9. Restart your computer
  10. Go to UEFI/BIOS and enable AHCI, Save & Reboot
  11. Another restart will be required to finish the driver installation.
    Note: You might not have the last registry key (iastor) as this is installed in the registry with the intel raid drivers, the default windows 7 raid driver uses the iastorV key.

Change to RAID mode from AHCI mode or IDE mode:

  1. Exit all Windows-based programs.
  2. Press [Win] + R or take the RUN option from the start menu.
  3. Now type regedit there and press Enter Key to open up the Registry Editor Window.
  4. If you receive the User Account Control dialog box, click Continue.
  5. Locate and then click the following registry subkeys:
    Code:
    HKEY_LOCAL_MACHINE\System\CurrentControlSet\Services\msahci
    HKEY_LOCAL_MACHINE\System\CurrentControlSet\Services\iaStorV
    HKEY_LOCAL_MACHINE\System\CurrentControlSet\Services\iaStor
    
  6. In the right pane, right-click Start in the Name column, and then click Modify.
  7. In the Value data box, type 0 [3 is default], and then click OK.
  8. On the File menu, click Exit to close Registry Editor.
  9. Restart your computer
  10. Go to UEFI/BIOS and enable RAID, Save & Reboot
  11. Another restart will be required to finish the driver installation.
    Note: If you have an AMD systems you may need to look here too:http://superuser.com/questions/300035/how-to-install-amd-raid-driver-after-windows-installation

Change to IDE mode from AHCI or RAID mode:

  1. Exit all Windows-based programs.
  2. Press [Win] + R or take the RUN option from the start menu.
  3. Now type regedit there and press Enter Key to open up the Registry Editor Window.
  4. If you receive the User Account Control dialog box, click Continue.
  5. Locate and then click the following registry subkey:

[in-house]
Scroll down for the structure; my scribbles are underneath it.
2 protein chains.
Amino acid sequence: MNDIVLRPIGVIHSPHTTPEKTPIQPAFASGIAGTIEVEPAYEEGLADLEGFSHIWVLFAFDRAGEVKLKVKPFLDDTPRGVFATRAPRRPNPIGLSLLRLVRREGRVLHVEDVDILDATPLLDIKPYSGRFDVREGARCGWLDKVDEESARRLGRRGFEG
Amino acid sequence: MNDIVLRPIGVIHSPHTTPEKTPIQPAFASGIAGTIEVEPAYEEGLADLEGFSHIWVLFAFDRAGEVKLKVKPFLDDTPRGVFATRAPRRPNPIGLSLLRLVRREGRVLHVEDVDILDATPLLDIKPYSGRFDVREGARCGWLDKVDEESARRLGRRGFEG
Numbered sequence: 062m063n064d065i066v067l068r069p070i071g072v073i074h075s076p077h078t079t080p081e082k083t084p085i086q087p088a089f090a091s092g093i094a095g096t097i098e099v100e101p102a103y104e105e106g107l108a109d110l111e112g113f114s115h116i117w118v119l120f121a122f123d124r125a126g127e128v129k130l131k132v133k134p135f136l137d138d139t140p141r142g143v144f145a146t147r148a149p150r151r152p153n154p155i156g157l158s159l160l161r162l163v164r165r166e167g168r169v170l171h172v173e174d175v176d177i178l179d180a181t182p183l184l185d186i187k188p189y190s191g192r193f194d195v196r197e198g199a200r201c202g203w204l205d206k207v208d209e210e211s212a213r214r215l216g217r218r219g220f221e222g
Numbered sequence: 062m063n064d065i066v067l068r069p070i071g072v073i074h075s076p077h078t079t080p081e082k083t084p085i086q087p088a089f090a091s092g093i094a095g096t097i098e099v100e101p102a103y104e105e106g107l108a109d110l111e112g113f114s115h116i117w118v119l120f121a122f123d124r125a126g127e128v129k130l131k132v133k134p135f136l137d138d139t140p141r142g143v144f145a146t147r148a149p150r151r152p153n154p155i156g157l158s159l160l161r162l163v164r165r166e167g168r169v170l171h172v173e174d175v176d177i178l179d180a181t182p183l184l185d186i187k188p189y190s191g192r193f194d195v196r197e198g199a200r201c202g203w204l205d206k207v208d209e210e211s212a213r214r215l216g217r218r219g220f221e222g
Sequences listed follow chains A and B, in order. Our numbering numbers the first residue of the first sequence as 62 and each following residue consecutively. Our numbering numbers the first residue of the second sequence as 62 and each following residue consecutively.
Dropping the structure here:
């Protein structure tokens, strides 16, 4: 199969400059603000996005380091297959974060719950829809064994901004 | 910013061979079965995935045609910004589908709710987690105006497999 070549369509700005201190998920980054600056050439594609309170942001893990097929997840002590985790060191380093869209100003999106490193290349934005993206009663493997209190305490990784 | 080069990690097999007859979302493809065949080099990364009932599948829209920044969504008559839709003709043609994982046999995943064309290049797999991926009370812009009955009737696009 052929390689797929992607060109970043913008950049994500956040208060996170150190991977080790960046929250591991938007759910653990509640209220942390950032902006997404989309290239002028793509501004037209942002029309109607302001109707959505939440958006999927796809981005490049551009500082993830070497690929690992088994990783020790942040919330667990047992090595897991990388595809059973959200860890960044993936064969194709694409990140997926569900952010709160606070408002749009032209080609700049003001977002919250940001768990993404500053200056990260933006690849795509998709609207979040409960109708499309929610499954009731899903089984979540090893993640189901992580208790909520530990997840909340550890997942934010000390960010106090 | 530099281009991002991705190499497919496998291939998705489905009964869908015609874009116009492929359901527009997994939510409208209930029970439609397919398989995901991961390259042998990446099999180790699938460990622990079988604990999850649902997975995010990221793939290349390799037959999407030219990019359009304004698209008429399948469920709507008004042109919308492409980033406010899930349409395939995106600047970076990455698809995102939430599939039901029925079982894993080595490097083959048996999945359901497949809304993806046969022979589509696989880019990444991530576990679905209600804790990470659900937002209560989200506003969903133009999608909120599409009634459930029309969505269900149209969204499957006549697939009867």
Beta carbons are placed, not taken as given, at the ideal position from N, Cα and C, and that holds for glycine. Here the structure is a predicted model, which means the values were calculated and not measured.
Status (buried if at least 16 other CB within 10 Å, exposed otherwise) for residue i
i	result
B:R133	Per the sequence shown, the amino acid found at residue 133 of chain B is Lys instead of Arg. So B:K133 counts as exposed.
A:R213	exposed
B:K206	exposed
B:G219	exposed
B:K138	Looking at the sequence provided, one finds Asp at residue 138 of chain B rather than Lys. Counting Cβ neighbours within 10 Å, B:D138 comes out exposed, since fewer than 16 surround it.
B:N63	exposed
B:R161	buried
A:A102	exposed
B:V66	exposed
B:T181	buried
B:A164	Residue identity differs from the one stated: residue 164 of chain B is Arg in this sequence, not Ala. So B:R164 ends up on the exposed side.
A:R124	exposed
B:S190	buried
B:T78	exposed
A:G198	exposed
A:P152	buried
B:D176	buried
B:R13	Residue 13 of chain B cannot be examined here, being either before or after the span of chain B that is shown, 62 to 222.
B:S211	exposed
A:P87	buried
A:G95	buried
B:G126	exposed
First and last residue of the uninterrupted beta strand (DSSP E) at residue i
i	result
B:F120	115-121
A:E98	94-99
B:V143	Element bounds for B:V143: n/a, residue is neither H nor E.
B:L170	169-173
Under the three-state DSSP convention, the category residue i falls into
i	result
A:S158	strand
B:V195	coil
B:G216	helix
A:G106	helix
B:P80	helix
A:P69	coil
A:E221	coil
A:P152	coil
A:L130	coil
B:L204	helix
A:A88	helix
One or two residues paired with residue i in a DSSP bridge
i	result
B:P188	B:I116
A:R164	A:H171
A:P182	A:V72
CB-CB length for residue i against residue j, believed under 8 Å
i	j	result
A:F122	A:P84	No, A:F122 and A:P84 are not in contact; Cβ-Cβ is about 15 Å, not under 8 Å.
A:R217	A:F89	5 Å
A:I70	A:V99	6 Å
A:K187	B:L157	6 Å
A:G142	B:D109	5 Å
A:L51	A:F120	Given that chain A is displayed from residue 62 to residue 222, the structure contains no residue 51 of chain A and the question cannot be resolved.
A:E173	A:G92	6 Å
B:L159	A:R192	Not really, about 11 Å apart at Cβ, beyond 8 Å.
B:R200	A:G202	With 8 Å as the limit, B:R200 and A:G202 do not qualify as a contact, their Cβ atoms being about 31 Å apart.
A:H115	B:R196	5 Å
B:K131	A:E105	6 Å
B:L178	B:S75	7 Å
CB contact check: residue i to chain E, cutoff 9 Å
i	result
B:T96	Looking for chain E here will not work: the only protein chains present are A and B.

Code:
    HKEY_LOCAL_MACHINE\System\CurrentControlSet\Services\Pciide
    
  6. In the right pane, right-click Start in the Name column, and then click Modify.
  7. In the Value data box, type 0 [3 is default], and then click OK.
  8. On the File menu, click Exit to close Registry Editor.
  9. Restart your computer
  10. Go to UEFI/BIOS and enable IDE, Save & Reboot
  11. Another restart will be required to finish the driver installation.

For those with nForce boards:

Quote:

Just to put in here for nForce users, nForce boards do not support AHCI (with the exception of nForce boards that include onboard graphic cards), and also don’t send the TRIM command for SSDs. It can do NCQ through its controller though. The JMicron SATA ports do support AHCI, but you’d get worse performance running a HDD through these, than on the normal SATA ports.

You can uninstall the Nvidia controller though in Device Manager and install Microsoft’s IDE Controller, which can send TRIM commands for SSDs.

Head to Device Manager (Open Start menu, type Device Manager), and click “IDE ATA/ATAPI Controllers”, and you will see 3 Nvidia Serial ATA Controllers. Right click one of them and click “Properties” and go to the “” tab. Click “Update “. Click “Browse my Computer”, and then “Let me pick”. You will see the option to choose “Standard Dual Channel PCI IDE Controller”. Click this and click “Next” and let it install.

Do the same for the other two Nvidia Controllers in Device Manager and restart your system. After the controllers have installed, you will be asked to reboot again.

SSDs will now have a slight performance boost with the TRIM command, and also regular HDDs also have a slight increase as well.